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12/12/2018

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David Duffy

Lippmann is more usually remembered, I thought, as

"Although not a biologist, journalist and essayist Walter Lippmann (1889–1974), took on the eugenicists broadside in the 1920s over everything from immigration and sterilisation to I.Q. tests and education. Lippmann pointed out that the results of the acclaimed Army Intelligence Tests administered during World War I by Robert M. Yerkes of Harvard (and a committed eugenicist) started with the assumption that intelligence was inherited, and collected test data on recruits (1,700,000 of them)...However, Lippmann found that a far more compelling correlation existed between scores on the tests and number of years of schooling (Lippmann, 1923: p. 97). Furthermore, arranging group scores by region of the United States, and by availability of schools (per capita) in these regions, yielded another more significant correlation. Could not education, Lippmann asked, account for a large amount of higher scores compared to lower scores on the tests? Lippmann was sophisticated enough to realise that correlations do not prove causality, but his point was that the psychologists such as Brigham, who were also staunch eugenicists, had not bothered to make such comparisons themselves."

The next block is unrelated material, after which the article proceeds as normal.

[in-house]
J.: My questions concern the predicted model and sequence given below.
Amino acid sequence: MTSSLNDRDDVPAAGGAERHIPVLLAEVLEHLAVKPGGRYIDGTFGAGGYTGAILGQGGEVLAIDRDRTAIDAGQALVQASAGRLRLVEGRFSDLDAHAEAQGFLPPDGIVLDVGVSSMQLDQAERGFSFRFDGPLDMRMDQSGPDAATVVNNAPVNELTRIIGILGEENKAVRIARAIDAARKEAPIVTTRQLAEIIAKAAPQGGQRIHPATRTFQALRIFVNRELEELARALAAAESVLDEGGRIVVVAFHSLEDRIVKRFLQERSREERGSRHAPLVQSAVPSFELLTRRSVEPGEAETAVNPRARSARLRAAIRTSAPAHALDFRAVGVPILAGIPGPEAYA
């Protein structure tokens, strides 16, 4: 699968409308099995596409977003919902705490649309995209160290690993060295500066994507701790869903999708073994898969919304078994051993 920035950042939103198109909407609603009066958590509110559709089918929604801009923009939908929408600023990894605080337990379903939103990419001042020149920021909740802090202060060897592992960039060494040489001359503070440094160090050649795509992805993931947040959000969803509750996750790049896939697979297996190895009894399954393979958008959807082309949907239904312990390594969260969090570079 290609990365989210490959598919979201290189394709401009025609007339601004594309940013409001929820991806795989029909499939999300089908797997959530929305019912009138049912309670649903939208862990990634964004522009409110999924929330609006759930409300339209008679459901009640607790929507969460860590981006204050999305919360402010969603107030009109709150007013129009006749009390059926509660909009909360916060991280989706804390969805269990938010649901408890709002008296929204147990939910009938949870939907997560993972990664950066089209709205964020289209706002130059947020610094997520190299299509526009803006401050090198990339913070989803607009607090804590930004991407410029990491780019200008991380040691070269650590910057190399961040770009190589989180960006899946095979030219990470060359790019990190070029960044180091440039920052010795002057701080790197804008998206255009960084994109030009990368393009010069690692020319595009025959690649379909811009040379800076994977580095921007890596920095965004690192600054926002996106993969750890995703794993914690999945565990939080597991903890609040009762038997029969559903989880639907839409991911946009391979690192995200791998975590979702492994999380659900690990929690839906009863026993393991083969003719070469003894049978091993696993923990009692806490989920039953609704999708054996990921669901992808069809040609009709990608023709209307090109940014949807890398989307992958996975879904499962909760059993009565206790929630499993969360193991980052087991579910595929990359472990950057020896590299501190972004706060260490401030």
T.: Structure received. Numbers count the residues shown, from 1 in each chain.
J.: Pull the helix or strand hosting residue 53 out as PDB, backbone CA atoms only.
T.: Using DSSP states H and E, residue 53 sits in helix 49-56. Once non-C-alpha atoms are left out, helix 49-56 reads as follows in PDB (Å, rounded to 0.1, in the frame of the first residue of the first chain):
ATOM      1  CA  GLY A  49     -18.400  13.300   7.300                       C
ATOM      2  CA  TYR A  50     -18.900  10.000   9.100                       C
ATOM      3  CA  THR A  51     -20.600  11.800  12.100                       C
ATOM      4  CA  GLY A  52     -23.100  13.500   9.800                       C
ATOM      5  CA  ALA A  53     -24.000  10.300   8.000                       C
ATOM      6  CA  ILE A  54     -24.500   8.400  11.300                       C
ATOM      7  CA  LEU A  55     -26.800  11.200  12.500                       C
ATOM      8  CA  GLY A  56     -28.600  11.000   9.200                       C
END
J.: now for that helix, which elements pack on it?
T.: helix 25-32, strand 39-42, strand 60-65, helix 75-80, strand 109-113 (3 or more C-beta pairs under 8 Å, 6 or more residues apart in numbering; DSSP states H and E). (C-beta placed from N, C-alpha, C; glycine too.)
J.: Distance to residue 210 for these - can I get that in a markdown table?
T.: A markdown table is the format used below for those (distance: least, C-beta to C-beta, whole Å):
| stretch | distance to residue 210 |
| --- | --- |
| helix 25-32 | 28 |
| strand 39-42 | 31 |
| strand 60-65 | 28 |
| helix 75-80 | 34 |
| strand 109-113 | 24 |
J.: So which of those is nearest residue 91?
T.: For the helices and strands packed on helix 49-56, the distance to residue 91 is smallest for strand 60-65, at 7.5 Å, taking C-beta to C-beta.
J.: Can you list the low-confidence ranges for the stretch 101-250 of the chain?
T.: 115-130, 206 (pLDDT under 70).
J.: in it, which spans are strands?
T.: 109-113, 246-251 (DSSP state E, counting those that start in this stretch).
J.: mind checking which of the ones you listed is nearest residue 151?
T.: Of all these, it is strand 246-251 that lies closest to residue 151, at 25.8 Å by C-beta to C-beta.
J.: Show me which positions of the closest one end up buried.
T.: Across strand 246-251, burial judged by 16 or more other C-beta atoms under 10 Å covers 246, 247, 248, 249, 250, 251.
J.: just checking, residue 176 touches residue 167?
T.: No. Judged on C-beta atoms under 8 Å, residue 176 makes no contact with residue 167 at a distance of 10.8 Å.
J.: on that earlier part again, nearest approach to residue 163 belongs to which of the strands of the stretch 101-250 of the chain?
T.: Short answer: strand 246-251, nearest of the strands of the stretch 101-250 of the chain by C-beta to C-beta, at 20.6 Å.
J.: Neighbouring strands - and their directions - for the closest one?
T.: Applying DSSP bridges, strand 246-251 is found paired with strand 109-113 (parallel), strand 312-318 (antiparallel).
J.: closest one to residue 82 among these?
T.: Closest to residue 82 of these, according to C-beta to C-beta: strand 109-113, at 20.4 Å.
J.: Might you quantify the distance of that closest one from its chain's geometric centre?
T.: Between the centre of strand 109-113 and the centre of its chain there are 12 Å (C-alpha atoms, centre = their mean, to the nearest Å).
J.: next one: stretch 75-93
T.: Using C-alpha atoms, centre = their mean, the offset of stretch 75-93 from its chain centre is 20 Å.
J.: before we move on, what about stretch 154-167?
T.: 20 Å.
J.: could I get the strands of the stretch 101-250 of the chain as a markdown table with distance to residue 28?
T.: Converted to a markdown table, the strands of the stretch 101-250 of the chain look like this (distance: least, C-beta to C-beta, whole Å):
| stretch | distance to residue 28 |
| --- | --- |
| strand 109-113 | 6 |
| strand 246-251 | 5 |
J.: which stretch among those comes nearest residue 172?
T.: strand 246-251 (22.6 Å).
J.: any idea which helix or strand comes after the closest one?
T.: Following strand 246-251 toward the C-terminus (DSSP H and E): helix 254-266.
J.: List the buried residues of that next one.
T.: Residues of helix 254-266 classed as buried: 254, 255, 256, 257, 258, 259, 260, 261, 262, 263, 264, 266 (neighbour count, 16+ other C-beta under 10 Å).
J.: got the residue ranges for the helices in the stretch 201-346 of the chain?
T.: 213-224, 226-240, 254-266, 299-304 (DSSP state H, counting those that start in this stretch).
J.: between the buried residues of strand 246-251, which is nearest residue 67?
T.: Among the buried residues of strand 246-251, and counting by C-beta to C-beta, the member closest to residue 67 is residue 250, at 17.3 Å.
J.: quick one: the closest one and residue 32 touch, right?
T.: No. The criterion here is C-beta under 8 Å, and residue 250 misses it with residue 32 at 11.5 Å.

From Allen (2011) Eugenics and Modern Biology: Critiques of Eugenics,
1910–1945.

Eric Schliesser

That's swell, David. (I am not surprised Lippmann caught such problem because I am rather impressed by his insights.) In a way, it makes the problem of my passages even more interesting.

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Here's a link to my past blogging (and discussions involving me) at: New APPS.

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